4

It may be helpful to know that according to the NBDA*, most bike shops actually lose money on bike sales. The average profit margin is -3%. Where the profit margin on parts and accessories is +7.5%. Although the report doesn't share the profit margin for service, my rough calculations say it is about 4.5%. So, I agree with @Argenti Apparatus. Hope ...


3

http://www.bicycletrainingaustralia.com.au/ is supported by the City of Melbourne. They provide Advanced Bicycle Mechanic Training. In the UK, Cytech are the most recognised body; Contact them and ask if they're aware of an equivalent organisation in Australia.


3

Silence... I've found this works in most negotiations. Ask a direct but open question like "what's the deal with discounts on this bike" and then just wait until the other person fills the silence. Even when it feels like they've finished talking, if they haven't really answered your question stay quiet and don't make confirming sounds. They will almost ...


2

Some things to do. If any get you a discount, all good but don't expect it This is based around servicing, rather than buying. Clean your bike. Noone likes getting messy working on a bike, and turning up fresh from the paddocks will it take that much longer. Mechanics will charge mechanics rates for removing dirt and oil, which is something you can do ...


2

You don't owe the bike shop your business. What I feel is not right is to use the bike shop for sizing or advice then go and buy it online to save a few dollars. Consider the bike shop is the final point of assembly. If the bike shop will order it for you then you basically get a free tune up. Give the bike shop a chance to quote a number and if you can ...


2

These crancks are still very common on Dutch vintage bicycles. You can order them from many Dutch websites starting at about 6 euro's. All Dutch bicycle shops can order such a cranck at every wholesaler. Many even have such a cranck on stock. You may want to look for a Dutch website which is willing send it to the UK before you replace everything. This ...


2

It's hard to tell from the picture, but it looks like a cottered crank. I don't think anybody makes them anymore, but not all hope is lost. You can likely replace the entire crankset and bottom bracket assuming the bike has a bottom bracket which is still available, which is somewhat likely. It may cost more than you are willing to spend on the old bike ...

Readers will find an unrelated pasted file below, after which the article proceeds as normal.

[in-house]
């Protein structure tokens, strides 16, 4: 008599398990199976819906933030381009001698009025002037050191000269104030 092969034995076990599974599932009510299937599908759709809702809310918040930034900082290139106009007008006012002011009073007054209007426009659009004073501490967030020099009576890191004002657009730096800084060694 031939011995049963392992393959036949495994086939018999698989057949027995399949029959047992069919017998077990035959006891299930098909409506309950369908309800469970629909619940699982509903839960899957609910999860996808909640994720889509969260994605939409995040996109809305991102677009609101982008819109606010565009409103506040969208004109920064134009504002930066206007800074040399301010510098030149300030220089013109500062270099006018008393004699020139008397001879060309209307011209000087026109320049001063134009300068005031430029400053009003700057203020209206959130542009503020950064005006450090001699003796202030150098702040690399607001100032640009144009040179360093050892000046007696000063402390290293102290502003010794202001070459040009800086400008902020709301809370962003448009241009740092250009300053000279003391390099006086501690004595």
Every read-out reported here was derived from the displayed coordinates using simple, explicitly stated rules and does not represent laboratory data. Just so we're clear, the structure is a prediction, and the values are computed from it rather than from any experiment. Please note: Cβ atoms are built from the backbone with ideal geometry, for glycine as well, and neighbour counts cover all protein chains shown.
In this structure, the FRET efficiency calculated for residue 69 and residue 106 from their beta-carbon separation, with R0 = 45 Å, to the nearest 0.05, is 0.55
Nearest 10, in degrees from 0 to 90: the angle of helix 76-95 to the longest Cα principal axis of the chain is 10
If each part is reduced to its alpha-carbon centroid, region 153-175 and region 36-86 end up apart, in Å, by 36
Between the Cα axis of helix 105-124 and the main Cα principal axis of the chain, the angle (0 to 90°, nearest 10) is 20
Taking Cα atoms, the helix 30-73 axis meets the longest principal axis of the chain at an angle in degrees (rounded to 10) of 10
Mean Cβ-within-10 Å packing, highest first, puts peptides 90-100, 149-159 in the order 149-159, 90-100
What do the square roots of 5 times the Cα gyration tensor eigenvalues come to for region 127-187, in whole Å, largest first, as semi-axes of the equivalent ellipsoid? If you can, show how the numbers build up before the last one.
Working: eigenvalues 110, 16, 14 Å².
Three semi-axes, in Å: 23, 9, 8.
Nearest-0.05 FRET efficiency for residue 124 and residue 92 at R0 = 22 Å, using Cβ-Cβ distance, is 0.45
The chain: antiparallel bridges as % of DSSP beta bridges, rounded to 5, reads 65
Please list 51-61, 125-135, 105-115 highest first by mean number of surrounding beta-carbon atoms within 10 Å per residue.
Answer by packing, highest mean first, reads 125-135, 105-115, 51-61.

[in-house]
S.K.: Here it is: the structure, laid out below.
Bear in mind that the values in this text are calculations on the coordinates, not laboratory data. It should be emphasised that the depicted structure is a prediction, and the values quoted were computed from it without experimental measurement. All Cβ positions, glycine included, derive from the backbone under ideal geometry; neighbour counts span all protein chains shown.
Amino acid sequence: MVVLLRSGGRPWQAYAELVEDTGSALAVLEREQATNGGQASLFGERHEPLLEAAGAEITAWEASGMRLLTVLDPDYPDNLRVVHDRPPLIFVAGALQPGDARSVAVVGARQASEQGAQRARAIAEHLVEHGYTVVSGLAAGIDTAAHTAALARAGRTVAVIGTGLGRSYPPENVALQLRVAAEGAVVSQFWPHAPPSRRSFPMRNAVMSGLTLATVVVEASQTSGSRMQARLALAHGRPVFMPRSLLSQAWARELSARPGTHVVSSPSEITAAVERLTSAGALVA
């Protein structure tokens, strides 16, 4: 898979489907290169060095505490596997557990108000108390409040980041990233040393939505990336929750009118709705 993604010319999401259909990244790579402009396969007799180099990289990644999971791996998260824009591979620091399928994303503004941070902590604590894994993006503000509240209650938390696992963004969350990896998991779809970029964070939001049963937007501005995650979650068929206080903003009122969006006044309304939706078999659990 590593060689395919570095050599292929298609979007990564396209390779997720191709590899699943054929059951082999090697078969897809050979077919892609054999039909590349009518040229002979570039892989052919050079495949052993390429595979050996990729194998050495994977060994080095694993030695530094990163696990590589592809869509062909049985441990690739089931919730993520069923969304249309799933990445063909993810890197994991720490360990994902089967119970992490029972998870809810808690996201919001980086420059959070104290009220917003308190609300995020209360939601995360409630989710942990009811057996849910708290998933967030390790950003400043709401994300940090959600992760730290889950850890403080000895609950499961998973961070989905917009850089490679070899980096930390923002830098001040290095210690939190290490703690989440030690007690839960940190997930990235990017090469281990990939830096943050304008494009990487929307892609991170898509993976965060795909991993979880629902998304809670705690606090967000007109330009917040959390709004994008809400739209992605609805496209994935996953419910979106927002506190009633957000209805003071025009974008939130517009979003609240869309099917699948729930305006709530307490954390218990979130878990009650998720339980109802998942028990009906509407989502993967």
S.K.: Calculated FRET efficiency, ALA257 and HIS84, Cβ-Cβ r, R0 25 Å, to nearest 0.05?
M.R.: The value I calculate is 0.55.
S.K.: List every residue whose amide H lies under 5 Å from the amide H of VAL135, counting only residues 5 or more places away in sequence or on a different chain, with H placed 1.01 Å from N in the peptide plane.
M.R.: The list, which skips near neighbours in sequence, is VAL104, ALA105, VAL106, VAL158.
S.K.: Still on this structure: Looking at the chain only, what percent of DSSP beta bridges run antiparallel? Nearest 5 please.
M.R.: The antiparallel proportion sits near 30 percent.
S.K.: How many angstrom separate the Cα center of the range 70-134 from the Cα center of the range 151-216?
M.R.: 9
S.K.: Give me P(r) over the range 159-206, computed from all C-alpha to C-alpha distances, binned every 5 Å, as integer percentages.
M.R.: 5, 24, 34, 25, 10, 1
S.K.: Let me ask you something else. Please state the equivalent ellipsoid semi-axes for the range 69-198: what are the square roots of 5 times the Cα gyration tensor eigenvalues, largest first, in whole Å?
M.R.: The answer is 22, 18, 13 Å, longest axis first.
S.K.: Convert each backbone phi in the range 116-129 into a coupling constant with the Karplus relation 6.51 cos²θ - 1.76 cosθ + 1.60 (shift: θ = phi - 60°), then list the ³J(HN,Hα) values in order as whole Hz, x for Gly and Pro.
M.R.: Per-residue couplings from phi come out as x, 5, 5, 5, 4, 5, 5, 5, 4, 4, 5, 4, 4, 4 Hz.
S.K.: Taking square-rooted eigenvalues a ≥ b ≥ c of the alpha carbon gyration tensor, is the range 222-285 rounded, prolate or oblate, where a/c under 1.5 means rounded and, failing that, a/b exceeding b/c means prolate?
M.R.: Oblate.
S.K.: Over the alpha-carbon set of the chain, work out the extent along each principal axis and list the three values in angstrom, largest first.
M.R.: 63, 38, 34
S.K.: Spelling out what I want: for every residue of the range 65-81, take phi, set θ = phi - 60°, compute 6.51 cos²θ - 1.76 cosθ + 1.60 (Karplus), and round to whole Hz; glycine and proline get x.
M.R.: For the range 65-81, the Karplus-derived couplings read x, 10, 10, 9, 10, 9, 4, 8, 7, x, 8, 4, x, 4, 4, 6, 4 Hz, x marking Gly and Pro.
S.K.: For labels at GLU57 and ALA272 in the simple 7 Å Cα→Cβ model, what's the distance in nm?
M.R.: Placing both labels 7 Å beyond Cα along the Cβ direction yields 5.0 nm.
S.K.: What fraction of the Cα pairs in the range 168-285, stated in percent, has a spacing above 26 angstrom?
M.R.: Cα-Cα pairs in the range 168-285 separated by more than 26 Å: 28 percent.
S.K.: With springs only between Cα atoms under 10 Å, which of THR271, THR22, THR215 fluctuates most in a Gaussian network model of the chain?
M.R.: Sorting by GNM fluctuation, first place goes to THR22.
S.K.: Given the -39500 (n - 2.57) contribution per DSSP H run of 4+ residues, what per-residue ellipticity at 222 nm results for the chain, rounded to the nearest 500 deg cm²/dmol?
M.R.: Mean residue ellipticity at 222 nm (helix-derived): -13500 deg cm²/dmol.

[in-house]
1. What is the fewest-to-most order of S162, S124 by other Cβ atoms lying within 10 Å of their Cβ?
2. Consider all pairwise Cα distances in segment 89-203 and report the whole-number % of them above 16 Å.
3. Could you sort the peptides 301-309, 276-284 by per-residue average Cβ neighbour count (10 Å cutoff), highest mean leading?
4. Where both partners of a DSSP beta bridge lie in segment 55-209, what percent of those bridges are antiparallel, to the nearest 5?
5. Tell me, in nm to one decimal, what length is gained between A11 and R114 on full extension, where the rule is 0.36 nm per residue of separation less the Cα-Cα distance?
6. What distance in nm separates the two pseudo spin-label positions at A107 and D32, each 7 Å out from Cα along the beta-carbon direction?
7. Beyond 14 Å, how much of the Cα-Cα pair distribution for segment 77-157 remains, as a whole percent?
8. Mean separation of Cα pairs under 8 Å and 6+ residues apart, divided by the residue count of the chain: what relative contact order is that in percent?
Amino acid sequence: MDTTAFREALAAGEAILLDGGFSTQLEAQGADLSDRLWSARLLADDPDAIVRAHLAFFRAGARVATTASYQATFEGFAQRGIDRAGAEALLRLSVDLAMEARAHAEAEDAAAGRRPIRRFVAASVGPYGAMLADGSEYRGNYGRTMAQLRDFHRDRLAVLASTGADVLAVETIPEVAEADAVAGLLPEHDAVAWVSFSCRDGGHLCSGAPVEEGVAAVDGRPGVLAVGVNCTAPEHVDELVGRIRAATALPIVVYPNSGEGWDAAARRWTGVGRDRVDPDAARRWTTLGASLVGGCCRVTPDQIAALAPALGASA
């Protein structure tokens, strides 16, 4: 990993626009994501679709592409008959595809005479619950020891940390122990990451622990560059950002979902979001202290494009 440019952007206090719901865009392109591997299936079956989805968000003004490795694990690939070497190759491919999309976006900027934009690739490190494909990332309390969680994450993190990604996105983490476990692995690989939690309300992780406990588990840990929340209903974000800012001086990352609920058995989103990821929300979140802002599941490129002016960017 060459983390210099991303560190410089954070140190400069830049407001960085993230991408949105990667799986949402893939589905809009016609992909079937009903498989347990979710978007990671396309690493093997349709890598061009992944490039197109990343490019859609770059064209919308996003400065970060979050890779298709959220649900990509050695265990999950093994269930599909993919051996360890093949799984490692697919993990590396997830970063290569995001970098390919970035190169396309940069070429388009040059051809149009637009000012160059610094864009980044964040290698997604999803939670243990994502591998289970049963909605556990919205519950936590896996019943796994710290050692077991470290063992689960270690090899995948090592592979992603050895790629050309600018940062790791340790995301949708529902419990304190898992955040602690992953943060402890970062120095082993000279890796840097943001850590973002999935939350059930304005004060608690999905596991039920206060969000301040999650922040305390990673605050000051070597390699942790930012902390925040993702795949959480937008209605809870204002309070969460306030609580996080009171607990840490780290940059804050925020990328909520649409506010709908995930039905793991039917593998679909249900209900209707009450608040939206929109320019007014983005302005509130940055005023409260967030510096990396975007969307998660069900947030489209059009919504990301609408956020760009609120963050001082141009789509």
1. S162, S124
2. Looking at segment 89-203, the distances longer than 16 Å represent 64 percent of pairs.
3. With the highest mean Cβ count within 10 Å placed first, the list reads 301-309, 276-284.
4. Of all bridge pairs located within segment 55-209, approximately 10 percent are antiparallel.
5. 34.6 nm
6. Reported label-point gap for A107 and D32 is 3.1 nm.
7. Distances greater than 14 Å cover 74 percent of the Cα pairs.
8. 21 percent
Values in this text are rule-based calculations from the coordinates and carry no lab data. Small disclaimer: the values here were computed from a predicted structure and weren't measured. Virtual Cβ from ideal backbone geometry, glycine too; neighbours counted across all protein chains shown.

2

I'll tackle the question of where you can learn. Do an online seach and find out if you have a bike co-op nearby. Most decently sized US cities have them. They're a great resource where you can just show up one day per week and learn everything there is to know about bikes (and meet some cool people while you're at it). Specifically for you: http://www....


2

Most bikes come flat shipped from the manufacturer. A good bike shop will do the following: Check/adjust the wheels/hubs and then install them. Install and lubricate/paste the seatpost. Install the handlebars. Check/Adjust the headset. Check and adjust the drivetrain. Install pedals (if the bike came with them, many high end bikes do not). Install the ...


2

This is determined by your LBS, the relationship you have with them and the bike your buying. Generally bikes come in flat pack boxes and, with the exception of top end bikes, are partially assembled out of the factory. The reseller needs to attach the handle bar and do a safety check. If you want to change parts out you'll have to pay workshop rates. ...


2

There is velotooler.com** They are all over the US, but also have a presence in Canada. They will be expanding to the UK and Europe in 2017, but they have already started their mechanic recruiting process (they even have mechanics that have registered in Australia and Latin America). Velotooler.com is an on-demand platform of bicycle mechanics. You list ...


2

It is interesting that "new" is used as an antonym of "used"; logically speaking, "used", "old", and "pre-owned" are all distinct concepts that have been conflated for simplicity, and only some of the concerns that come with an old bike are due to it being used. If the 2012 model uses different parts, then it will likely be more difficult to find ...


1

The thing that would give me pause about this would be if there were a generational shift in technology during the intervening years, and it might be harder to get replacement parts (like the transition from 26" to 27.5" in mountain-bike tires). This would leave me with a new-but-obsolete setup, which is not something I would generally choose. OTOH, you as ...


1

Nothing. If the manufacturer doesn't want to play ball, you're scuppered. There is no way you can prove your case one way or the other, so you're reliant on the goodwill of the manufacturer. In this case they appear to have no goodwill. Unfortunately your case shows that for the most part, warranties should be treated with a pinch of salt. Not much ...


1

In Germany, there's the "Zweiradmechaniker", which is taught like any other craft, i.e. you learn it from an existing mechanic. You don't need to have this education to open a bike store though.